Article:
Jesus came to us, and the Holy Spirit comes to us, to make what would otherwise be humanly unknowable, comprehensible. “For God so loved the World that he gave his only Son, so that everyone who believes in him may not perish, but may have eternal life. Indeed, God did not send the Son into the world to condemn the world, but in order that the world might be saved through him.”
Notice that it says “the world MIGHT be saved through him.” There is always the possibility that those whose believing is so tightly confined to the box, that what is outside the box doesn’t register in their field of vision, might miss the salvation he brings. The salvation that makes us children of God and siblings to Jesus.
The Apostle Paul talks about the difference between an in-the-box existence and an out-of-the-box experience of life as either living according to the flesh, or being led by the Spirit of God. He warned that living by the flesh means being enslaved to our anorexic ideas about God. Enslaved to the power of fear to downsize the capacity of our imaginations to hope; and to diminish our faith in out of the box solutions.
Perhaps the most important reason to be mindful of the Trinity on Trinity Sunday, or any time, is that it refuses to let us keep God in the box where we might otherwise consign Him. An explanation of how God can be One in Three Persons has stubbornly eluded the best minds of history.
May it always be so. Otherwise, humanity might forget to think outside the box and lose sight of the infinite nature of God.
Before I close and we join in prayer, I’d like to take a moment to acknowledge the unprecedented challenges that have confronted churches worldwide over these last fourteen months. In a year when faith has seldom in our lifetimes been more essential, our traditional faith-based support systems were hard pressed to provide a sense of blessed community. Nobody was prepared…there was no roadmap ever drawn up, that we could turn to as a guide for our steps through this kind of wilderness. This has truly been an out of the box experience for the ages. Yet, as with every crisis, this one brought with it an opportunity to think and act outside the box. A challenge to live our faith in new ways. To follow the Spirit even without knowing for certain where it was taking us or how long the journey might be.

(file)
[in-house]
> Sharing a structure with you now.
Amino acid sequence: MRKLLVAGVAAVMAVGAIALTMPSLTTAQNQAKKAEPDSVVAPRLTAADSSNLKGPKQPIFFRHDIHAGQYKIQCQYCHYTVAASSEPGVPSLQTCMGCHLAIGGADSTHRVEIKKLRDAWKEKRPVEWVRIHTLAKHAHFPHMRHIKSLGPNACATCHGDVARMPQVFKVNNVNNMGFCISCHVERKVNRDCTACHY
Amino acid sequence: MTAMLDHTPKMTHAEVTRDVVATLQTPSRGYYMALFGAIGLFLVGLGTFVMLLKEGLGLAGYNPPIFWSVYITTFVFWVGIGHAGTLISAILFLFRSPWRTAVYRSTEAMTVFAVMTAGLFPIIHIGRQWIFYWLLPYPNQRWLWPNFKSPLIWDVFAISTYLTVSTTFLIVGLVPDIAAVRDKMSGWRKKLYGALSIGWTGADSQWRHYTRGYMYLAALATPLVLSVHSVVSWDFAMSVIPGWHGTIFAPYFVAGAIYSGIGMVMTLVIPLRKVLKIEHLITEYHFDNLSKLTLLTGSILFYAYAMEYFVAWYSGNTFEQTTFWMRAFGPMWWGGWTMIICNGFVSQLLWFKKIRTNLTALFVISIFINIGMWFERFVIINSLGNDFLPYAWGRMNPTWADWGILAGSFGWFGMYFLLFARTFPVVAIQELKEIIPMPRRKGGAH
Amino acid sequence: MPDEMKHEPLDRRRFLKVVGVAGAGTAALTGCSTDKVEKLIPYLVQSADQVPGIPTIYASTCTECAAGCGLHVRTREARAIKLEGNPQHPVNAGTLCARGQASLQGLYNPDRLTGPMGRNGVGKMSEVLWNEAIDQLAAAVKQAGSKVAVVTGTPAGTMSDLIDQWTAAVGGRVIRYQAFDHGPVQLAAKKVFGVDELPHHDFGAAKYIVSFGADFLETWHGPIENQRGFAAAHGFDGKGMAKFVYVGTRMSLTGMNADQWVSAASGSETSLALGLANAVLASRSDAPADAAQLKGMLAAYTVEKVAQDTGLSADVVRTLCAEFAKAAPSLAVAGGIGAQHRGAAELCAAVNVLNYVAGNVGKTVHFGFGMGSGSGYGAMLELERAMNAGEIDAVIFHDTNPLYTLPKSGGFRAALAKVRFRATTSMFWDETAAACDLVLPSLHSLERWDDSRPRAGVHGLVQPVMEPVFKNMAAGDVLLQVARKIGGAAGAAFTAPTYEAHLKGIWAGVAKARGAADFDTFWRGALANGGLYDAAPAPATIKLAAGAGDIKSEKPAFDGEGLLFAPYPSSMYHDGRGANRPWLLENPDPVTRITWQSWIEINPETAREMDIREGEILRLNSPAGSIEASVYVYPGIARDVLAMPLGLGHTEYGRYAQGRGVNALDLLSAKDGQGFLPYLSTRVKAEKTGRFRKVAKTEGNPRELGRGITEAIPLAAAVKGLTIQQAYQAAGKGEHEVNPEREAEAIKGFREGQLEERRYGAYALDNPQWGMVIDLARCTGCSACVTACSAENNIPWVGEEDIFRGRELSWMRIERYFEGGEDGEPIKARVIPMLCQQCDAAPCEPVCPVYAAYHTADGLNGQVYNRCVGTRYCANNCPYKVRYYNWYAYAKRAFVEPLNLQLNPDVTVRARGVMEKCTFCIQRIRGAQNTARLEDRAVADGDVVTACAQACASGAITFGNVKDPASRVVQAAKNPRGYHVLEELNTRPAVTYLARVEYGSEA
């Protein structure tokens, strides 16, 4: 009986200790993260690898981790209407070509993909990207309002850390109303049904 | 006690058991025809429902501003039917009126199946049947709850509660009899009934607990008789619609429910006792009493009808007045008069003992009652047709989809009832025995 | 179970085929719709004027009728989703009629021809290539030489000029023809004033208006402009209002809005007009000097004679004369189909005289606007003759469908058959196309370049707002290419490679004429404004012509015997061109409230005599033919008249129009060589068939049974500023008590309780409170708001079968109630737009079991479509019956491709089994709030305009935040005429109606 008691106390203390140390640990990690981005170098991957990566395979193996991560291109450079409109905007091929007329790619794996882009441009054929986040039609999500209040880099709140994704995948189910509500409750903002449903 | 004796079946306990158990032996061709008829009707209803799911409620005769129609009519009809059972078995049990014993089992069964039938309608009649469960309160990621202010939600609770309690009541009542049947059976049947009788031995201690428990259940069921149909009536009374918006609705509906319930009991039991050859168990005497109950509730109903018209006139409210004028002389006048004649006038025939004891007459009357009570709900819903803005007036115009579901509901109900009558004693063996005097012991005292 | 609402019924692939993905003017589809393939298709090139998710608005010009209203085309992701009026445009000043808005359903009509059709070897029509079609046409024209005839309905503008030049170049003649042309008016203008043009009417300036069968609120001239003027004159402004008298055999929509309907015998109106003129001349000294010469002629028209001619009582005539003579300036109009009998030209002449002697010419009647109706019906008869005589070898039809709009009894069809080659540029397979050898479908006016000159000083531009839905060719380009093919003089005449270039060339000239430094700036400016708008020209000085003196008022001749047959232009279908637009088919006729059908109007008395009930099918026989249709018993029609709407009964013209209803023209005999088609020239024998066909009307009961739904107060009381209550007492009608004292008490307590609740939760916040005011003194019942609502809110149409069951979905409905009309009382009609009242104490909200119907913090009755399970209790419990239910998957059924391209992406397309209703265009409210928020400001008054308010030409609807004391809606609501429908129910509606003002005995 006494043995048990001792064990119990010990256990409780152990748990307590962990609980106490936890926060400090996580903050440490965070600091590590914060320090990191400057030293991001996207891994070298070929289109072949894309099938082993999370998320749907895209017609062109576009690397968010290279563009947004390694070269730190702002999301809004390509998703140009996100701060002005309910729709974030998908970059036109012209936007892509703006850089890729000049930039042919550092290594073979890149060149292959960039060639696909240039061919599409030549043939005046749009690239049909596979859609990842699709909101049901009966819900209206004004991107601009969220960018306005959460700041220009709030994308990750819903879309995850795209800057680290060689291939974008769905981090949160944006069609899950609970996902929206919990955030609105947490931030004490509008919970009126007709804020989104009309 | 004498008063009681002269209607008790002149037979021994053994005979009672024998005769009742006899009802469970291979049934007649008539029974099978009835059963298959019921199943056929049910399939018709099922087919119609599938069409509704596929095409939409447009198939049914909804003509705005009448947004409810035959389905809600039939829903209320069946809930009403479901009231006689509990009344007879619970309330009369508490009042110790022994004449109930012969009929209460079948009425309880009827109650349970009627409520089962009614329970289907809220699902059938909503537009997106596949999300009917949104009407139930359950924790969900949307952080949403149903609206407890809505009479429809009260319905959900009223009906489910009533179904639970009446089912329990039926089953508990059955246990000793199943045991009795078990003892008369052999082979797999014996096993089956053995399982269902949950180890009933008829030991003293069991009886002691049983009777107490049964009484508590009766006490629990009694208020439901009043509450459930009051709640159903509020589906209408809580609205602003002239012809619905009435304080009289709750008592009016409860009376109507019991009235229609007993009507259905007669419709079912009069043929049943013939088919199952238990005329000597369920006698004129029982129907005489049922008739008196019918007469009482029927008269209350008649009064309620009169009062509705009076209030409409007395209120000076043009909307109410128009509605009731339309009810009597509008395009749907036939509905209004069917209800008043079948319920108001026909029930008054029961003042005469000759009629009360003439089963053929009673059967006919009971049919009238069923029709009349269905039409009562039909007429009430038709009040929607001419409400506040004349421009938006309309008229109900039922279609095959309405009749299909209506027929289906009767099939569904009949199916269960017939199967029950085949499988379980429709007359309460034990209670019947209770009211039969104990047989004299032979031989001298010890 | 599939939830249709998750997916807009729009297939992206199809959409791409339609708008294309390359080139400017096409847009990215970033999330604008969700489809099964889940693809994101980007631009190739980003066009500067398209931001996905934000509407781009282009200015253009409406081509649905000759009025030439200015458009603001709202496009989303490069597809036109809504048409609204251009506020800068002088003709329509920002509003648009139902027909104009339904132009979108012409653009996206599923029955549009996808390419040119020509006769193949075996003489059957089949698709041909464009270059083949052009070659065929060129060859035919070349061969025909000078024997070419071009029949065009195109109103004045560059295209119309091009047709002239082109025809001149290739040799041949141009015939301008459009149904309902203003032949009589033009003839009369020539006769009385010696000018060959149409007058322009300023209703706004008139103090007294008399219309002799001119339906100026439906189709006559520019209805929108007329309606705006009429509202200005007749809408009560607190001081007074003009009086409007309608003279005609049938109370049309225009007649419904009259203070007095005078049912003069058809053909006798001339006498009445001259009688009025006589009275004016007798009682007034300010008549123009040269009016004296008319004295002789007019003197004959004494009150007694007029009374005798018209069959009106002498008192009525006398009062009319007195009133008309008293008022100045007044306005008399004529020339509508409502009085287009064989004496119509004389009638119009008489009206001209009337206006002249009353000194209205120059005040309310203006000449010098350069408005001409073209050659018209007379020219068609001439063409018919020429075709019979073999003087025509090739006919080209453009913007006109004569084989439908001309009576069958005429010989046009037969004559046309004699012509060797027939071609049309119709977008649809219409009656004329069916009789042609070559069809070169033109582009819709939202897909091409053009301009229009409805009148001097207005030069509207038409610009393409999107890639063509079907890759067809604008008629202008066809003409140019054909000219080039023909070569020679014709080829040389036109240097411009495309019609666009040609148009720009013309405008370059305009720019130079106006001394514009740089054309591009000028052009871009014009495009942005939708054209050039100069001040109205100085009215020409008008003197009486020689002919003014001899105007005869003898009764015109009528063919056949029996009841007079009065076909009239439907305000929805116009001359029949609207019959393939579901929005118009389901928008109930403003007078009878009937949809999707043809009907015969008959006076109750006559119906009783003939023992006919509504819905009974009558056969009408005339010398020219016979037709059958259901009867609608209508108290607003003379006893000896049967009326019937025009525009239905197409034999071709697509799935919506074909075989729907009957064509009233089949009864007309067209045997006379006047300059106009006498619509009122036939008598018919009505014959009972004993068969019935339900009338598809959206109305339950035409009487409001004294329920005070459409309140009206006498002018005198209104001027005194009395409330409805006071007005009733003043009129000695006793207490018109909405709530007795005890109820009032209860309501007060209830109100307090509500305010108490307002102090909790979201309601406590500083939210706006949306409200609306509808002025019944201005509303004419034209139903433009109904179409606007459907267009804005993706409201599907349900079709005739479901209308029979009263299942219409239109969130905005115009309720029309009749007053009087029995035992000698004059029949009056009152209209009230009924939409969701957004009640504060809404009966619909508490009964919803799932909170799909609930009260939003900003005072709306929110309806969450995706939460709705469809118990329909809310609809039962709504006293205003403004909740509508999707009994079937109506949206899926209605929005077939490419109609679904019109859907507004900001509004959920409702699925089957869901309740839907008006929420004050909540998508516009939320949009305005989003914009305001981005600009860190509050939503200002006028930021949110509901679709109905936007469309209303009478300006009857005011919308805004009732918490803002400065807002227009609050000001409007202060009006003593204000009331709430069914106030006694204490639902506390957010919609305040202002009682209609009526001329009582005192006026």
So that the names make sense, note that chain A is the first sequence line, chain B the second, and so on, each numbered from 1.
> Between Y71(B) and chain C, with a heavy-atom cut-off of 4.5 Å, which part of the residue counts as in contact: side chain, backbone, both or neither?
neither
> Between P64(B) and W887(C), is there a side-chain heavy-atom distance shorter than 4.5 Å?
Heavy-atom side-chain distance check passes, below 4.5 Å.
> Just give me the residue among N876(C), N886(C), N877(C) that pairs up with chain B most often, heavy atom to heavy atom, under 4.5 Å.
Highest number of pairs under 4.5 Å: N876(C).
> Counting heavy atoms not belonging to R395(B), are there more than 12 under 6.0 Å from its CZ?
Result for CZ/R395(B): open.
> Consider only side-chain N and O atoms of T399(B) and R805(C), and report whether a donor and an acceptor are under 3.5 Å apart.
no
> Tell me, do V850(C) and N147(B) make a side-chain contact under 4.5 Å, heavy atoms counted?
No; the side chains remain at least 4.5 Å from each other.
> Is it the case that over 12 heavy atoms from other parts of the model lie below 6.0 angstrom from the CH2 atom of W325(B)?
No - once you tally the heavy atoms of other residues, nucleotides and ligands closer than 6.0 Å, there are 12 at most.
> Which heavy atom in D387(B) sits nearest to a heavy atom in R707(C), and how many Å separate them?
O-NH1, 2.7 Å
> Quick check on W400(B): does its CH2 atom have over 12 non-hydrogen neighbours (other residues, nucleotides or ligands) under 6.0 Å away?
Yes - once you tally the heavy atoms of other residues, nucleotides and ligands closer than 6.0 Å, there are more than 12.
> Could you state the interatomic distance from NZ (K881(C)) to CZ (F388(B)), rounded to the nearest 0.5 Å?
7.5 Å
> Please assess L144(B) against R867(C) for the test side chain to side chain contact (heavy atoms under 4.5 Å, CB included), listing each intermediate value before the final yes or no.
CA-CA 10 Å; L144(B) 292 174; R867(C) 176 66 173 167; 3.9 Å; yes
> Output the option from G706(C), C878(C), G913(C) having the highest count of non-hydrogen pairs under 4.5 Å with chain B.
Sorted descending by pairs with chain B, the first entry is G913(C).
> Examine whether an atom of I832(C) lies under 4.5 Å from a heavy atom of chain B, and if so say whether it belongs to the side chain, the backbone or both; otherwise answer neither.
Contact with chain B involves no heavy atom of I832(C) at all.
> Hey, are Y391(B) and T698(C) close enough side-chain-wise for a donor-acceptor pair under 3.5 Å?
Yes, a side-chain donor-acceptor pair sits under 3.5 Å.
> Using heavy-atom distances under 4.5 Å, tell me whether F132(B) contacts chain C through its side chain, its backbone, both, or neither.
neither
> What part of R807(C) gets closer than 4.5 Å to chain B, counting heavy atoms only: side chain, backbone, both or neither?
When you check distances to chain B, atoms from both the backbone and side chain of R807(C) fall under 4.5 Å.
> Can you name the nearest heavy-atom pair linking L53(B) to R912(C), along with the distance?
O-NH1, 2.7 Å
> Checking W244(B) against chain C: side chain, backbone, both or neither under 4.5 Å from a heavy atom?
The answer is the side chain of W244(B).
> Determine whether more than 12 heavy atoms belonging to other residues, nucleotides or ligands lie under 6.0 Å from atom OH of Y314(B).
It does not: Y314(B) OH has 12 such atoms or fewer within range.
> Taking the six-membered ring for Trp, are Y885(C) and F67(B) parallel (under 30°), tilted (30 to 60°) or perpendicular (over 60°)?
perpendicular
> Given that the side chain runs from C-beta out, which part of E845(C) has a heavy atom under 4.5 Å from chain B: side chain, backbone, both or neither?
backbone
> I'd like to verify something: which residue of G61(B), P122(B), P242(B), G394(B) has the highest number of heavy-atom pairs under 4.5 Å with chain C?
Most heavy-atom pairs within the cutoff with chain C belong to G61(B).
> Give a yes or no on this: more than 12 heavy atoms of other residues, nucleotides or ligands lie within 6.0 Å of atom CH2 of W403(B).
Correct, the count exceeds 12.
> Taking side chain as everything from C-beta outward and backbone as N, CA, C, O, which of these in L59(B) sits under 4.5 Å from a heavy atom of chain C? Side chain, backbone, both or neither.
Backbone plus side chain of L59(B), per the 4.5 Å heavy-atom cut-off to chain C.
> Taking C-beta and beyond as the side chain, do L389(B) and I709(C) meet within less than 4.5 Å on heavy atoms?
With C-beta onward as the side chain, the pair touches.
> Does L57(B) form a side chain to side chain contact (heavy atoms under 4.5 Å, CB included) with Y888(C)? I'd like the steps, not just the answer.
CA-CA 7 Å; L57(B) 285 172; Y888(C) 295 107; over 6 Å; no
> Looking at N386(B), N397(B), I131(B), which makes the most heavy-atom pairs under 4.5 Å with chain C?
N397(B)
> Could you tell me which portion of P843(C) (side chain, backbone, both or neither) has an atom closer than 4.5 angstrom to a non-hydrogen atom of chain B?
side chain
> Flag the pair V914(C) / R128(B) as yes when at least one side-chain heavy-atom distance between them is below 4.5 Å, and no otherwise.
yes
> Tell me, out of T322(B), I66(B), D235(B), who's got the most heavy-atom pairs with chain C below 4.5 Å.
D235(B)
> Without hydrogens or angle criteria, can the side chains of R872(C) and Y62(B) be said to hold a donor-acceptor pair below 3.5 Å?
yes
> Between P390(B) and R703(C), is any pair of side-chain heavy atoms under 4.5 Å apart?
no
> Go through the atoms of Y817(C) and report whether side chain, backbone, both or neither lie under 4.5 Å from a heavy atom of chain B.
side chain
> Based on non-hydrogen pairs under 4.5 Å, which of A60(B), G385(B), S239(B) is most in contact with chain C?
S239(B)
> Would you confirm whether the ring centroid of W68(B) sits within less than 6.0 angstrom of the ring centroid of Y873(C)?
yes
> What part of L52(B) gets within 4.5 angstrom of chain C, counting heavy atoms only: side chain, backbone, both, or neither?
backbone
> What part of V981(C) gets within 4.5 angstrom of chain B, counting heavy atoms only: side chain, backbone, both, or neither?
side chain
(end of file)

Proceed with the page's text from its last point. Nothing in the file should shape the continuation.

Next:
At long last, the end now seems to be in sight. Maybe the box is a little larger than it was before this journey began. It’s possible that there are more tools in the box at our disposal if and when we are again confronted with a crisis of this magnitude. Hopefully, the most important tool in the box, will be a faith that has been fire-tested. A faith that may have been bent but never broken.
This will be the last virtual worship service, with the possible exception of some special circumstances in the future. Beginning next Sunday and throughout the Summer we will be worshipping together outdoors. In September, we plan to regather for worship in the sanctuary. I hope that these virtual services have provided you with some sense of spiritual connection in spite of our limited experiences of community. Maybe like the portable Tabernacle that the Hebrews carried with them as a reminder of God’s presence as they wandered through the wilderness on their way to the Promised Land. Most of all, I pray that they have helped you maintain an awareness of our strong and faithful God’s steadfast love and care for you.
©2021 Raymond Medeiros
Preached FCCW May 30, 2021